• Perform the various skills essential to the task (using methods and tools as needed)
  • Utilize knowledge, to apply theory to practice in an integrated way. 2

Does the list seem overwhelming? Perhaps. But one cannot expect to accomplish much in a community without examining one’s own abilities in organizing a community. Lack of self-assessment is probably the cause of many frustrations among community workers, even among those who really mean well in helping others. What Mildred Barry is suggesting is that a community worker is nothing more than a facilitator and an enabler. His/her role is in mobilizing resources, being responsible for the group process. He or she {90} might be expected to play the role of expert only in his or her field when working as part of the group. The key is the ability to function as a member and a participant in a multi-disciplinary team.

The community worker has a job of supporting strengths in others rather than developing dependency relationships. He or she has the responsibility to move others toward strengthening self-reliance and independence within the context of their limited resources.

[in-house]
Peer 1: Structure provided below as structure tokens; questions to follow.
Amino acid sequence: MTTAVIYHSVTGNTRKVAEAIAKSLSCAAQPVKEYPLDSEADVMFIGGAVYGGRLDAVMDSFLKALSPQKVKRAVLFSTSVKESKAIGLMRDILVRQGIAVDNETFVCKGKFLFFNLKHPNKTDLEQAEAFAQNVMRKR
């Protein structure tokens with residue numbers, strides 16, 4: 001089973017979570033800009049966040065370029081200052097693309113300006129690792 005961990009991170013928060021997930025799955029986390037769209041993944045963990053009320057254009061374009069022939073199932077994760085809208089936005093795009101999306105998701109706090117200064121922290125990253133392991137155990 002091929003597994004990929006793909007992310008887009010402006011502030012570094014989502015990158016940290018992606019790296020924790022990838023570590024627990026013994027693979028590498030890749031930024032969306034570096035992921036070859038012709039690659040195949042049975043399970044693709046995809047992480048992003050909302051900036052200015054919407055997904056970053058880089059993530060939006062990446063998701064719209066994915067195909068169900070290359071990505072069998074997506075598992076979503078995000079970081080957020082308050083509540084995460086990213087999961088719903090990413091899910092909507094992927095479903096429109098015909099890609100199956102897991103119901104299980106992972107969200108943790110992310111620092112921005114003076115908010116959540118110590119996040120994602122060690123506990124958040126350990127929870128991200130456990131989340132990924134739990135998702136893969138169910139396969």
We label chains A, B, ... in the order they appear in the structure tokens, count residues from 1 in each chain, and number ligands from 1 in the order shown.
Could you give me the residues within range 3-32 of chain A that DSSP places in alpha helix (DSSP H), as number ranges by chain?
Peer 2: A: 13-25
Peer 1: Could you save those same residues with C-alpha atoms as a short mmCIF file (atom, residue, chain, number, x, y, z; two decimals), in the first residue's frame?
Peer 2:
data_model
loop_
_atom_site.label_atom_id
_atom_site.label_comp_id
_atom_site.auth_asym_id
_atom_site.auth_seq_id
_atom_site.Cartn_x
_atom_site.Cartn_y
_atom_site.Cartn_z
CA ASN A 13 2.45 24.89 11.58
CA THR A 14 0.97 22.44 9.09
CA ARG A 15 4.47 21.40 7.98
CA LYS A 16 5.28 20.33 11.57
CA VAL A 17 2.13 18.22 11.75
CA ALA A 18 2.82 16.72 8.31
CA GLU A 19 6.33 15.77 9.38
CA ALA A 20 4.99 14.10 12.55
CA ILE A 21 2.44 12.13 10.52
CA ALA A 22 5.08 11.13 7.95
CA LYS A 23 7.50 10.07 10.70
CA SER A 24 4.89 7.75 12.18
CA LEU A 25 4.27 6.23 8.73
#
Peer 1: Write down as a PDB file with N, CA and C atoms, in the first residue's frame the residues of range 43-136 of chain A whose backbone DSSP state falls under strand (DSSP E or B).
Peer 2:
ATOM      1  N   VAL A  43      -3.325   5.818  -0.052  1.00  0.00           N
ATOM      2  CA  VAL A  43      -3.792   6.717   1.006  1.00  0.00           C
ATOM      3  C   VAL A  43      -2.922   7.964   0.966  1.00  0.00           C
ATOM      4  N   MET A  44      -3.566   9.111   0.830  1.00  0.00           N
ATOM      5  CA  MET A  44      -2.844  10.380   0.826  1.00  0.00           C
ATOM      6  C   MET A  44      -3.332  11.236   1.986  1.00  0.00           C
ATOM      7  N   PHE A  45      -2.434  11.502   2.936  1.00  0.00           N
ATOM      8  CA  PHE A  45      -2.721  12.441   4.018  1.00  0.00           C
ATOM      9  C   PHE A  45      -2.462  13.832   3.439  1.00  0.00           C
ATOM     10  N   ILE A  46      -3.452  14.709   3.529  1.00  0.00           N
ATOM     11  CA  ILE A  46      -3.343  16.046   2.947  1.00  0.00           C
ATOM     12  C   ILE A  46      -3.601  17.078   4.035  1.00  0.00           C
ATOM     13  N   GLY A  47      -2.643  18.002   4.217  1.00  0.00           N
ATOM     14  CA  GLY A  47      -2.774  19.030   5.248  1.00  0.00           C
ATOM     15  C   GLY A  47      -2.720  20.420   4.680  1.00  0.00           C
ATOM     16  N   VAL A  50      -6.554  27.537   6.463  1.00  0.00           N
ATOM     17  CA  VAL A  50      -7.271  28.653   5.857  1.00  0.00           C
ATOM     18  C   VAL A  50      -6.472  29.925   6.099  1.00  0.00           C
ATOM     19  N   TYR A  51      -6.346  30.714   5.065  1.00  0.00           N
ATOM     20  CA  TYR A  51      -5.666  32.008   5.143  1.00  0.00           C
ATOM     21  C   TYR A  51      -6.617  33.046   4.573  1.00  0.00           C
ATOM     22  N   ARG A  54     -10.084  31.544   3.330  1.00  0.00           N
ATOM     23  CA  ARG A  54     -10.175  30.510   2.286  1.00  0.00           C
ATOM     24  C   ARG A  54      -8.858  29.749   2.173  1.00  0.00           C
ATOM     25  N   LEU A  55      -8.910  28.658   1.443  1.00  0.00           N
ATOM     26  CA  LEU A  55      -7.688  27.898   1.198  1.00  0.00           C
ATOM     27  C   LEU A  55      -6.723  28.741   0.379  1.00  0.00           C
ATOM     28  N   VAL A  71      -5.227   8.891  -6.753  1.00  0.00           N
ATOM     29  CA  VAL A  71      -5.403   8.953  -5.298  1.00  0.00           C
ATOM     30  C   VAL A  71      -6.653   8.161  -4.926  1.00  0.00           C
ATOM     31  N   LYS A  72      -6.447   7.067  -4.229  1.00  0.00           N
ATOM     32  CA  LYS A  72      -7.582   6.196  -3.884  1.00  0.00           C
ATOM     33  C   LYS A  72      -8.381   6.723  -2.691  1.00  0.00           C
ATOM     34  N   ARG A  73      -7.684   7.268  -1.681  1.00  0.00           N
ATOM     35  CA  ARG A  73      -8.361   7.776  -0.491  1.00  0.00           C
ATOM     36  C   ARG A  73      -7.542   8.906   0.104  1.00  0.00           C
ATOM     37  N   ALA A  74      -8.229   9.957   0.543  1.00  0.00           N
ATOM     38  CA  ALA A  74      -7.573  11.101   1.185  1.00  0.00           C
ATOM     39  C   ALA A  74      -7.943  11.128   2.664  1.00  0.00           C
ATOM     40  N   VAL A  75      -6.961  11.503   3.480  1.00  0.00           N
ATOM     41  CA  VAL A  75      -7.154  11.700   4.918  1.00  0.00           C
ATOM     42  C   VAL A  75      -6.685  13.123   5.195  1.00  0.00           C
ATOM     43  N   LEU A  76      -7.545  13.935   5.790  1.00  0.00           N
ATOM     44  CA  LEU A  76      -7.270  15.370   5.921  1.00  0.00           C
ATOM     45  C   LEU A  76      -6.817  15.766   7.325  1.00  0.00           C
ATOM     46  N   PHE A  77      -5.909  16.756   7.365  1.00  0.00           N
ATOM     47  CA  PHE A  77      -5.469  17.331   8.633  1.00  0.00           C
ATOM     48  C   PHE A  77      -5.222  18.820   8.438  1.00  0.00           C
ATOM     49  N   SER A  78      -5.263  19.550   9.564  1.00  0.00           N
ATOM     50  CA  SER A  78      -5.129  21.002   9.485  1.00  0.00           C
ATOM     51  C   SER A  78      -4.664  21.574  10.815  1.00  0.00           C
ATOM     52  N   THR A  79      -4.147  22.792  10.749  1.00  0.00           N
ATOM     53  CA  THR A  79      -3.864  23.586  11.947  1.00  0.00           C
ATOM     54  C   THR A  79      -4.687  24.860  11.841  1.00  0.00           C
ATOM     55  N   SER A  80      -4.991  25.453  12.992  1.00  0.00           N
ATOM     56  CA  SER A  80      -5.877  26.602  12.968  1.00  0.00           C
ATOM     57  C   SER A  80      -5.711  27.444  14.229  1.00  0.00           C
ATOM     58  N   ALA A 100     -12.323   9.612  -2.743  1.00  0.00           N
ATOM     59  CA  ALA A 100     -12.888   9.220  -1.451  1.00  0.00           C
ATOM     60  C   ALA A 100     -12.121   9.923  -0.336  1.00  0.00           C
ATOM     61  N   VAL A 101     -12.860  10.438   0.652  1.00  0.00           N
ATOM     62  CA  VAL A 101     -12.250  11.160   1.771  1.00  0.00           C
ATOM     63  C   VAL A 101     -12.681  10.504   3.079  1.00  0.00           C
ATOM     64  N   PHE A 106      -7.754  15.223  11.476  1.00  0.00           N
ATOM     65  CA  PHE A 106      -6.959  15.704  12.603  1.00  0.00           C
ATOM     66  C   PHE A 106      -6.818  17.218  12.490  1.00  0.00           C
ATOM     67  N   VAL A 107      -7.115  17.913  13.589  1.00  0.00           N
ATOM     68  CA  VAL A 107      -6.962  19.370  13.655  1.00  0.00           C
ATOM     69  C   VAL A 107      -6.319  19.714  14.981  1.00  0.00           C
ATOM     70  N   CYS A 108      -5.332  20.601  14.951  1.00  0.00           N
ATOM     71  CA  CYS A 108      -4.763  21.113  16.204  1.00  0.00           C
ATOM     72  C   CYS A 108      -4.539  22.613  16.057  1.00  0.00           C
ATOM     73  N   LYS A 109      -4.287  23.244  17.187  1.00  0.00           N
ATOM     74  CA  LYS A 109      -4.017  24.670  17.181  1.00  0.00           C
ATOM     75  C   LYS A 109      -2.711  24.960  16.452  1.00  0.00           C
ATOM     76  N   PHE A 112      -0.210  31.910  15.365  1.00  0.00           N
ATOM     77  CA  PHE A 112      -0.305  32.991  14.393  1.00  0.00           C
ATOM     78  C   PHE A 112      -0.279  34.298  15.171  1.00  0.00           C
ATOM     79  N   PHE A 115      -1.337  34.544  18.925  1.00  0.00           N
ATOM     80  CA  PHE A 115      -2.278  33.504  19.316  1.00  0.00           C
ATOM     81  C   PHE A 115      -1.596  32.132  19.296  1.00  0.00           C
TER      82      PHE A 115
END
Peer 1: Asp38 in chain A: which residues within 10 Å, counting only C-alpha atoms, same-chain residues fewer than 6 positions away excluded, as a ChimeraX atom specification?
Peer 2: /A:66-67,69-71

FOUR BASIC STEPS

A major question that is usually asked is: How can I go about helping the community accomplish its goals and objectives? Here are four basic steps:

Step 1. Start where people are. Many times experts assume that the community is an empty vessel. When they arrive in the community, they feel it is their job to fill it with the knowledge the community should have. In the health field, for example, we work sometimes as though the problems we are dealing with are unrecognized by the community. We forget that the community has a diagnosis for the problem, and they probably have had it for centuries. Starting where people are makes it possible to detect the gap in knowledge and practices.